Now that we understand the process, at least one patent is pending on the use of an embodiment of the process by which low-energy (input) clusters can promote selected nuclear reactions which will produce high amounts of thermal energy. For example, let us assume that lead (Pb-208 to be precise) is the target element. We bombard the lead with a charge cluster, it becomes unstable and splits into two equal halves and provides us with two atoms of palladium (Pd-104). The process is a little more complicated because we have to deal with the mass of the impacting ion. However, to keep it simple, assume the that Pb-208 atom with a mass of 207.976627 is impacted, caused to fission and produces two Pd-104 atoms. The total mass produced is then two times 103.90403 or 207.80806. Note that the mass produced (207.80805) is less than the mass of the Pb-108 (207.976627). The difference in mass is not much, but according to Einstein's formula E = mc2, we can calculate the energy equivalent of the missing mass fraction. Of course, even a small amount of missimg mass multiplied by the speed of light squared will be a significant amount of energy. Therefore, this reaction, if we can cause it to be produced, will provide thermal energy to our system.


In the preceding section, we discussed the possibility of using Pb as a target material, impacting the lead with charge clusters and transmuting the lead into palladium to get excess thermal energy. If we could accomplish that feat, then we would have the thermal energy plus a more valuable element produced than we started with! Nature may not be so kind. The idea that a particular nuclear reaction is possible does not mean that the same reaction is probable. Nature will inform us, as we ask the correct questions, what we can and cannot accomplish. However, it is believed that there are many scarce elements in the periodic table which we will be able to make from more plentiful elements. It is the judgement of this author that an element in nature is scarce because the probability of making such an element is low -- meaning that the production of such element must require energy. However, it appears that creating energy with nuclear reactions will be relatively simple. It is also expected that we will be able to find the combination of ions and target elements that can be used together with input energy to create the scarce element of our choice.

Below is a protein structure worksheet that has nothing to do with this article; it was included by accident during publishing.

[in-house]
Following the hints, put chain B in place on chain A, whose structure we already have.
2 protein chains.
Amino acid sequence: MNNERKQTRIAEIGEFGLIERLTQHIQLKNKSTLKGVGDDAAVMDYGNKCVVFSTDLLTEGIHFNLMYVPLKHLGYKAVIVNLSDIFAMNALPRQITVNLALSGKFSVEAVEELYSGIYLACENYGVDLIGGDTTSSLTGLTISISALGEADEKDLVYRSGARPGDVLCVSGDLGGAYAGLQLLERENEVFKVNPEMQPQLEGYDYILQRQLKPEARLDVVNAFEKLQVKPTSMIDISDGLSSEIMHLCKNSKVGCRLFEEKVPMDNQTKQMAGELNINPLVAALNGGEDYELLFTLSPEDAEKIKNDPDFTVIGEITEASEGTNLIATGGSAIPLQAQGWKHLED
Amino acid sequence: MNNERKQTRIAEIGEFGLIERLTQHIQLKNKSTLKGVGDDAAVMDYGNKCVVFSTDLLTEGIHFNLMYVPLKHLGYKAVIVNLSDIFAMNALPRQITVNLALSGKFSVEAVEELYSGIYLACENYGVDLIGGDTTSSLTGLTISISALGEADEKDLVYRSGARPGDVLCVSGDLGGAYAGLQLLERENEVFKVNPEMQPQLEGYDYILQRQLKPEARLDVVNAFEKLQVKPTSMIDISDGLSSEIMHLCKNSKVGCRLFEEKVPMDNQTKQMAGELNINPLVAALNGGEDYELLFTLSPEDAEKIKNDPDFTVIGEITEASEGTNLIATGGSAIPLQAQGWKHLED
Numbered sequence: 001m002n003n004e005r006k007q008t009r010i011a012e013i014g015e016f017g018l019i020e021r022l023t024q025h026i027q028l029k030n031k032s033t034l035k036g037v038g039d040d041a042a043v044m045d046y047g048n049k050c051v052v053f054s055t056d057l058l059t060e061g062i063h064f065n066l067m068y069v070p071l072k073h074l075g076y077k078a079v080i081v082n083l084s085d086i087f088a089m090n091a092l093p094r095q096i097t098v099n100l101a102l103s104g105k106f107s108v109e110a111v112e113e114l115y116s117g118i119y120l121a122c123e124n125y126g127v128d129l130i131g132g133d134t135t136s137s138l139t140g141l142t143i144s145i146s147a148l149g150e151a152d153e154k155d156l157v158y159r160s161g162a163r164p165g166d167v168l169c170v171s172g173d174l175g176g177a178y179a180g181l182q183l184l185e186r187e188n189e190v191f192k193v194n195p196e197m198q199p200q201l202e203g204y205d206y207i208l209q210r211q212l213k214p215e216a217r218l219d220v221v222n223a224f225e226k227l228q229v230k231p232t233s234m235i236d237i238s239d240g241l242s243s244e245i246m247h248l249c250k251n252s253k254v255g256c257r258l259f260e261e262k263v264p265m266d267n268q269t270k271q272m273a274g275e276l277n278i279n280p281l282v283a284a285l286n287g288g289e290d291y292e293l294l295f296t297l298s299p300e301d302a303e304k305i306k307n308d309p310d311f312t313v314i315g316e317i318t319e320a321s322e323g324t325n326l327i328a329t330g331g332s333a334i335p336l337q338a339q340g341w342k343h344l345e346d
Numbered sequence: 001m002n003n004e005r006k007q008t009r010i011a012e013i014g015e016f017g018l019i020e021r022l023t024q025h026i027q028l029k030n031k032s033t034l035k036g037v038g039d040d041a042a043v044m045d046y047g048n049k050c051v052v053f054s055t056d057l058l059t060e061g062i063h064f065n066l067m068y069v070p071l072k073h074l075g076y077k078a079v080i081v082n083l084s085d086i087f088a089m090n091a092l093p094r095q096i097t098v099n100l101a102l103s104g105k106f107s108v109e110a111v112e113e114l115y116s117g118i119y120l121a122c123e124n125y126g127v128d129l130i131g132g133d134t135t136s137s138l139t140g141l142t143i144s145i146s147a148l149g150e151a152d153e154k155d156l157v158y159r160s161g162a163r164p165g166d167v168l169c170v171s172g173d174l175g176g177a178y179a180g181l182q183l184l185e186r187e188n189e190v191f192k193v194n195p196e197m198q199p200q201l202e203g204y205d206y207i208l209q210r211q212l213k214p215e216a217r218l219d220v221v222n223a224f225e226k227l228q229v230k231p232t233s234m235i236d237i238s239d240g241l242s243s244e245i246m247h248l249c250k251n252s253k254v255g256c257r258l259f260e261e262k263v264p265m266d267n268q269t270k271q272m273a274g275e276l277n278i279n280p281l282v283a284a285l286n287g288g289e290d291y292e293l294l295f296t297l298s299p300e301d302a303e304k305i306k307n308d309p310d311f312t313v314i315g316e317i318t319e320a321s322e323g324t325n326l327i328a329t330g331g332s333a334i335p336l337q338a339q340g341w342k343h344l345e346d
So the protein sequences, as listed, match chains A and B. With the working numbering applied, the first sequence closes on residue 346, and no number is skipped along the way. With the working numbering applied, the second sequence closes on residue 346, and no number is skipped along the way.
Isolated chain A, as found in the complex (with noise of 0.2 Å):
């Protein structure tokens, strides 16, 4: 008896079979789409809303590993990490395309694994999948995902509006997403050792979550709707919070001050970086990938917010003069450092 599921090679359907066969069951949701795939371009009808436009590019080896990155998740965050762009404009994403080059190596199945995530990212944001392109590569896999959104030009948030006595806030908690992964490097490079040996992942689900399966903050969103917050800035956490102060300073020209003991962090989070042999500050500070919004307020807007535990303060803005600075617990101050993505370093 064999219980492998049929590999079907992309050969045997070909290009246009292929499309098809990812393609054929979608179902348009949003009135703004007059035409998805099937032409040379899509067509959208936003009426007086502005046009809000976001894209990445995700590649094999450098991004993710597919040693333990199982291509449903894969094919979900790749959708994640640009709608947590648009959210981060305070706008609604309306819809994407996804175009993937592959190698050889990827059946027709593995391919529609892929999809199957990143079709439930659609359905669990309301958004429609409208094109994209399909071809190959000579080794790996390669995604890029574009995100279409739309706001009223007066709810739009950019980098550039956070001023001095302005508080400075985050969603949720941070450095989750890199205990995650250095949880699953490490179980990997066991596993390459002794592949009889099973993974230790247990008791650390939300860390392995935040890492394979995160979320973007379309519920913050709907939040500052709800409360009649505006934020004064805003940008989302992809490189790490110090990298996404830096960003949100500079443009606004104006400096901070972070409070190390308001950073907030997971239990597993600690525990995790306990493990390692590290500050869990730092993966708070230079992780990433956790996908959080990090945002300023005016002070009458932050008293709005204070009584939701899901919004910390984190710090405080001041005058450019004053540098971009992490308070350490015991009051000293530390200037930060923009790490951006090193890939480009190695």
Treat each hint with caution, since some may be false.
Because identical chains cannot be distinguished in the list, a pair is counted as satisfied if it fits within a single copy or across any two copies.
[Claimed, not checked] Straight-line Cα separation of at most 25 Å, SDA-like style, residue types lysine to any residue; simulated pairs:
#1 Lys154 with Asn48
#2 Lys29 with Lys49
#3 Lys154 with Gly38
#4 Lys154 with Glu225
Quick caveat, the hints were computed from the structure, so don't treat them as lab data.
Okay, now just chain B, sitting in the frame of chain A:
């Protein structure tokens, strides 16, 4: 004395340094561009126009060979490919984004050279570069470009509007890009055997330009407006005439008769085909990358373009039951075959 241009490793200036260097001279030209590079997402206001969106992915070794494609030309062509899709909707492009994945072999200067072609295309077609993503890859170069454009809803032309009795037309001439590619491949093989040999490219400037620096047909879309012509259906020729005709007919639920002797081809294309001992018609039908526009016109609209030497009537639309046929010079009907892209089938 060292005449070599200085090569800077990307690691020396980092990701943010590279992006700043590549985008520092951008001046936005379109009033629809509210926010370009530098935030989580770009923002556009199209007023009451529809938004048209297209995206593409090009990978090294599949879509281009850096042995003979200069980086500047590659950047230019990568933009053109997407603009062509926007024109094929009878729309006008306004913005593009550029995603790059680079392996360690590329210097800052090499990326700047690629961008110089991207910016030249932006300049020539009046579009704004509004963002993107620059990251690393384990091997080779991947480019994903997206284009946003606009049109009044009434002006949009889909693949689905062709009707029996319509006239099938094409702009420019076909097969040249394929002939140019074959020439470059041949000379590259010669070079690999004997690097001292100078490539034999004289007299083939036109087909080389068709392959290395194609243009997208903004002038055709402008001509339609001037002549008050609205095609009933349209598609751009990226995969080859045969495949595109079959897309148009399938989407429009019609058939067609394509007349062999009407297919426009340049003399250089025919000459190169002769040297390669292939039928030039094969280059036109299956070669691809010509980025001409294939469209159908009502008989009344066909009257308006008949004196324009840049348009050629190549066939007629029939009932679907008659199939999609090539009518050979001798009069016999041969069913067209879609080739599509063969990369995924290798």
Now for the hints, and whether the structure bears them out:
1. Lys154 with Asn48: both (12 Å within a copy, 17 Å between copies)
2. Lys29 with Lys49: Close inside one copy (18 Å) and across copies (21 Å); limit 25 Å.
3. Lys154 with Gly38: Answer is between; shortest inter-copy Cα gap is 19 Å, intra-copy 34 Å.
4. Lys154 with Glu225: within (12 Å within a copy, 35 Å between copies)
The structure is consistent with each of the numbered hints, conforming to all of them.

Now you realize the enormous importance of what Pons, Fleischmann, Shoulders, and others have accomplished. They should get the Nobel prize! They deserve the recognition. A new line of research and development in physics has now been provided. At least one, and probably several new patent applications have resulted from this new line of research and development. In summary, we now know how we can do the following:

1. Clean up radioactive wastes.
2. Create clean, abundant, thermal energy -- with no neutrons.
3. Create factory-produced scarce elements.

Note to investors: FIC has filed a patent application that will cover a broad range of nuclear transmutation topics. FIC is seeking interested help from brokers to help make a market for the soon-to-be-filed public registration of FIC's stock. If you can help, fax Hal Fox at 801-583-2963.


1. Martin Fleischmann, Stanley Pons, and M. Hawkins, "Electrochemically Induced Nuclear Fusion of Deuterium," J. Electroanal. Chem., (1989), vol 261, pp 301-308, and erratum, vol 263, p 187.

2. Kenneth and Steve Shoulders, "Observations on the Role of Charge Clusters in Nuclear Cluster Reactions", J of New Energy, Fall 1996, vol 1, no 3.

3. Bass, Neal, Gleeson, & Fox, "Electro-Nuclear Transmutations: Low-Energy Nuclear Reactions in an Electrolytic Cell," J of New Energy, Fall 1996, vol 1, no 3.

4. Hal Fox, Robert W. Bass, & Shang-Xian Jin, "Plasma-Injected Transmutation," J of New Energy, Fall 1996, vol 1, no 3.

5. Kenneth R. Shoulders, EV - A Tale of Discovery, 265 pages, illus., c1987, privately published and available from the author.

6. Kenneth R. Shoulders, "Energy Conversion Using High Charge Density," U.S. Patent 5,018,180, issued May 21, 1991, see also "Circuits Responsible to and Controlling Charged Particles," U.S. Patent 5,054,047, issued Oct. 1, 1991.

7. Worden Waring & E.A. Benjamini, "Luminescence during the Anodic Oxidation of Silicon," J of the Electrochem. Soc., vol 111, no 11, Nov 1994, pp 1256-1259.

8. Reiter and Faile, "Spark Gap Experiments," New Energy News, Sept 1996, p 11ff.

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Nov. 19, 1996.